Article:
Saturday, February 13, 2016
The agency hired 117,000 new workers during Fiscal Year 2015, virtually all of them into non-career positions, postal officials said Thursday in a document presented to the Postal Regulatory Commission.
“The Postal Service still has a continued need to hire 125,000 non-career employees in FY16 to maintain the appropriate levels,” the USPS document says. “Continued hiring of non-career employees (including PSEs [Postal Support Employees] and MHAs [Mailhandler Assistants) is necessitated by conversions to career positions and current attrition rates.”
Among last year’s new non-career workers, 52,000 have left the USPS (including 22,000 short-term, peak-season hires), 5,000 were converted to career positions, and 60,000 were still in non-career positions at year-end.
The USPS ended FY2015 with nearly 492,000 career employees and 130,000 non-career workers, both numbers slightly higher than a year earlier. The payroll continues to grow: The Postal Service ended December with 7,000 more careerists and 4,600 more non-career workers than it had a year earlier.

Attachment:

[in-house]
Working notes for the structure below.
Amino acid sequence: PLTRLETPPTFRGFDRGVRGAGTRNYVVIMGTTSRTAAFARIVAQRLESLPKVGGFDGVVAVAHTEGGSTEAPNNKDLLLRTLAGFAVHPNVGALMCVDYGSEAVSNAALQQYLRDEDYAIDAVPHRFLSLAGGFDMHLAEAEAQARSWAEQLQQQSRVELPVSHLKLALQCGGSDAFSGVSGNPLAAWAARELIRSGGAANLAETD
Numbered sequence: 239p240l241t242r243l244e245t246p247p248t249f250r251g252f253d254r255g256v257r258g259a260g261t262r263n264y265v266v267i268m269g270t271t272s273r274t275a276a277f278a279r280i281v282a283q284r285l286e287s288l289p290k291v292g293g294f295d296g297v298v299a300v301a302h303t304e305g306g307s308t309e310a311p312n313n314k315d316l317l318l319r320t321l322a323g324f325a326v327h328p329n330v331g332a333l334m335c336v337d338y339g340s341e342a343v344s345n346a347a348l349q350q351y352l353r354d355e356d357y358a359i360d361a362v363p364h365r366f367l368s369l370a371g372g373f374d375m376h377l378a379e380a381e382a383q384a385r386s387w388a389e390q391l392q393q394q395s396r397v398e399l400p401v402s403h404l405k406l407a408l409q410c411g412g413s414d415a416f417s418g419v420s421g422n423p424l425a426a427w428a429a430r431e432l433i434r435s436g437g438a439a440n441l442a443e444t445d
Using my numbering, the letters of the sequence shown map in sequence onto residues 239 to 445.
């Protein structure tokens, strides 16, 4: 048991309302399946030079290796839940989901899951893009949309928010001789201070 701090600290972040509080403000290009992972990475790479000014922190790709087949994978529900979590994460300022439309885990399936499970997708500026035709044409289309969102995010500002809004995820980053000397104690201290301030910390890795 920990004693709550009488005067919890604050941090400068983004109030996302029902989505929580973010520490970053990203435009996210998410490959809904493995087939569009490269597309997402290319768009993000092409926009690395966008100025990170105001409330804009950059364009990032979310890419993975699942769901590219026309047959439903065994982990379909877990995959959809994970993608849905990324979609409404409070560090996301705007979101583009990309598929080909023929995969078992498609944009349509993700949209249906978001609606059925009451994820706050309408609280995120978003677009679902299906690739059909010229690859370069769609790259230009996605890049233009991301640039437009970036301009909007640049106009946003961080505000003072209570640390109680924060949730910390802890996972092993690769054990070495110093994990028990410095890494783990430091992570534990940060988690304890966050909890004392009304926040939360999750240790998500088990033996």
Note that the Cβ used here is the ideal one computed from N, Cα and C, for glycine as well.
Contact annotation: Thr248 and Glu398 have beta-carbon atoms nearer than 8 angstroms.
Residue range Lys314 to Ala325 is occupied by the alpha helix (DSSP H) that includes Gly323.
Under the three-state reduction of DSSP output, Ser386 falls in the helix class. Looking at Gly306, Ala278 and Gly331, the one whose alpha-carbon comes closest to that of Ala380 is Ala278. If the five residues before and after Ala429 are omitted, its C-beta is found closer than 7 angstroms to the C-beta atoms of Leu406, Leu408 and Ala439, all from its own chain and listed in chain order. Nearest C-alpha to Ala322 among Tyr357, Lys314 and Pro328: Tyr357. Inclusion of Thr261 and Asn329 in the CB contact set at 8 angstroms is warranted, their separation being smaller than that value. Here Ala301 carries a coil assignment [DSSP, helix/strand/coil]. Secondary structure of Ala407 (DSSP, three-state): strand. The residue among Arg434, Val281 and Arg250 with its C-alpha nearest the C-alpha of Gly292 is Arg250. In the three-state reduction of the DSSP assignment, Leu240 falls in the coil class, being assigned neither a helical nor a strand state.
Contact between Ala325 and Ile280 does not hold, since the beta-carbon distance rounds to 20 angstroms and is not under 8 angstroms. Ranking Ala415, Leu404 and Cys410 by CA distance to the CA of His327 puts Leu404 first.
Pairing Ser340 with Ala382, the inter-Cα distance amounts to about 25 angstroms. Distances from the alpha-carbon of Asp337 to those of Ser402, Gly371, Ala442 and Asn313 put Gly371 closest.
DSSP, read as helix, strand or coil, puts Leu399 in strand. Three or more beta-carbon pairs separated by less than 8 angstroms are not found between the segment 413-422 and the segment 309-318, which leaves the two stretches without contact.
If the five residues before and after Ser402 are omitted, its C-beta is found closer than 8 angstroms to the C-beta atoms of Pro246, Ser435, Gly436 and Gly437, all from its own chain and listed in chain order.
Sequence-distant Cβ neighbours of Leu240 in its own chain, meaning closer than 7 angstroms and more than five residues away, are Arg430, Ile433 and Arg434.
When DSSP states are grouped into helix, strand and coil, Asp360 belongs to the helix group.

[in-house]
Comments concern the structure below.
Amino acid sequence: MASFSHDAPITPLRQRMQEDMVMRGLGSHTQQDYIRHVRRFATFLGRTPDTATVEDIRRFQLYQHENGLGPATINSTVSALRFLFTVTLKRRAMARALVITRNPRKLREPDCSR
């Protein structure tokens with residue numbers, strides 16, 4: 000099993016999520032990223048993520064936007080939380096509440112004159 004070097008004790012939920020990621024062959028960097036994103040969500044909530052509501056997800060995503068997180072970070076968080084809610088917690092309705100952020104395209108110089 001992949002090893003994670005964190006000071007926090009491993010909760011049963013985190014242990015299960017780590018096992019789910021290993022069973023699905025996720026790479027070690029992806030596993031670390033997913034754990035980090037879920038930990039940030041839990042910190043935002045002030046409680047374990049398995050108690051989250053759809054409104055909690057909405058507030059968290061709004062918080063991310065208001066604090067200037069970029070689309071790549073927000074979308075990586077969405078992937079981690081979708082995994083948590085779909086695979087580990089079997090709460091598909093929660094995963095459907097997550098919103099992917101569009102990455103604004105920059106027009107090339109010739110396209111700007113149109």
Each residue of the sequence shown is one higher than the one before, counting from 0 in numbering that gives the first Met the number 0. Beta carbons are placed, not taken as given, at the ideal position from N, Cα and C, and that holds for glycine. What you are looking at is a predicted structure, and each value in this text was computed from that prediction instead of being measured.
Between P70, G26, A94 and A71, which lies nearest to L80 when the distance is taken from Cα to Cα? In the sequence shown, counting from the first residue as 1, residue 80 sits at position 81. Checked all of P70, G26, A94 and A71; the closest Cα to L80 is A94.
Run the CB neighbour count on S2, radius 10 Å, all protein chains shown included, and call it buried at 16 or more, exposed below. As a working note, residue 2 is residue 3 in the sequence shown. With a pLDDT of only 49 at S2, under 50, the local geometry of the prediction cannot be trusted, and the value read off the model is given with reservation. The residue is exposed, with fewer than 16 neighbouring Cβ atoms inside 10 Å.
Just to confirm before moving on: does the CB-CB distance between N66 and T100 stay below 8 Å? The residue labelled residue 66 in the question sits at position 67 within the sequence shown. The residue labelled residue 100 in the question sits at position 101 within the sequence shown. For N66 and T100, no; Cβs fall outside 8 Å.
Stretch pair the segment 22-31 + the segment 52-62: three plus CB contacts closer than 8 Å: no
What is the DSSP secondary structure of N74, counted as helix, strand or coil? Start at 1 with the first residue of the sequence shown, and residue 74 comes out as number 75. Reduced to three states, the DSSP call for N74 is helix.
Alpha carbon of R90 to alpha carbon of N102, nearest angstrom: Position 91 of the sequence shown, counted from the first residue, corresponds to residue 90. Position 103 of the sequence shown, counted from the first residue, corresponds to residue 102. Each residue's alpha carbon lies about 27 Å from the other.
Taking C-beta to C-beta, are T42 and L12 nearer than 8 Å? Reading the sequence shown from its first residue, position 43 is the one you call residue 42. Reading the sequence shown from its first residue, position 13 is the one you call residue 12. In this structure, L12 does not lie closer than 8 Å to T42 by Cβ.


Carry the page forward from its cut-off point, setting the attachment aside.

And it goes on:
An e-commerce-driven surge in package deliveries, plus the addition of such new services as Sunday delivery, are fueling the hiring binge and employment growth. It’s a huge turnaround for an organization that cut an average of 21,000 workers annually between 2000 and 2013 and rarely had to hire new ones. And it runs counter to government and news-media reports predicting further USPS cutbacks.
The growth is also causing new headaches for the USPS.
“Recruiting for City Carrier Assistants (CCAs) is a challenge in some regions due the physical nature of the position and extreme outdoor environments, as well as local economic conditions,” the report said.
The wave of new hires has been blamed for everything from higher work-related accident rates to increased problems with delivering poorly addressed mail. The USPS has struggled to orient, train, and equip the new hires – sometimes, for example, failing to provide cold-weather gear to rookie carriers.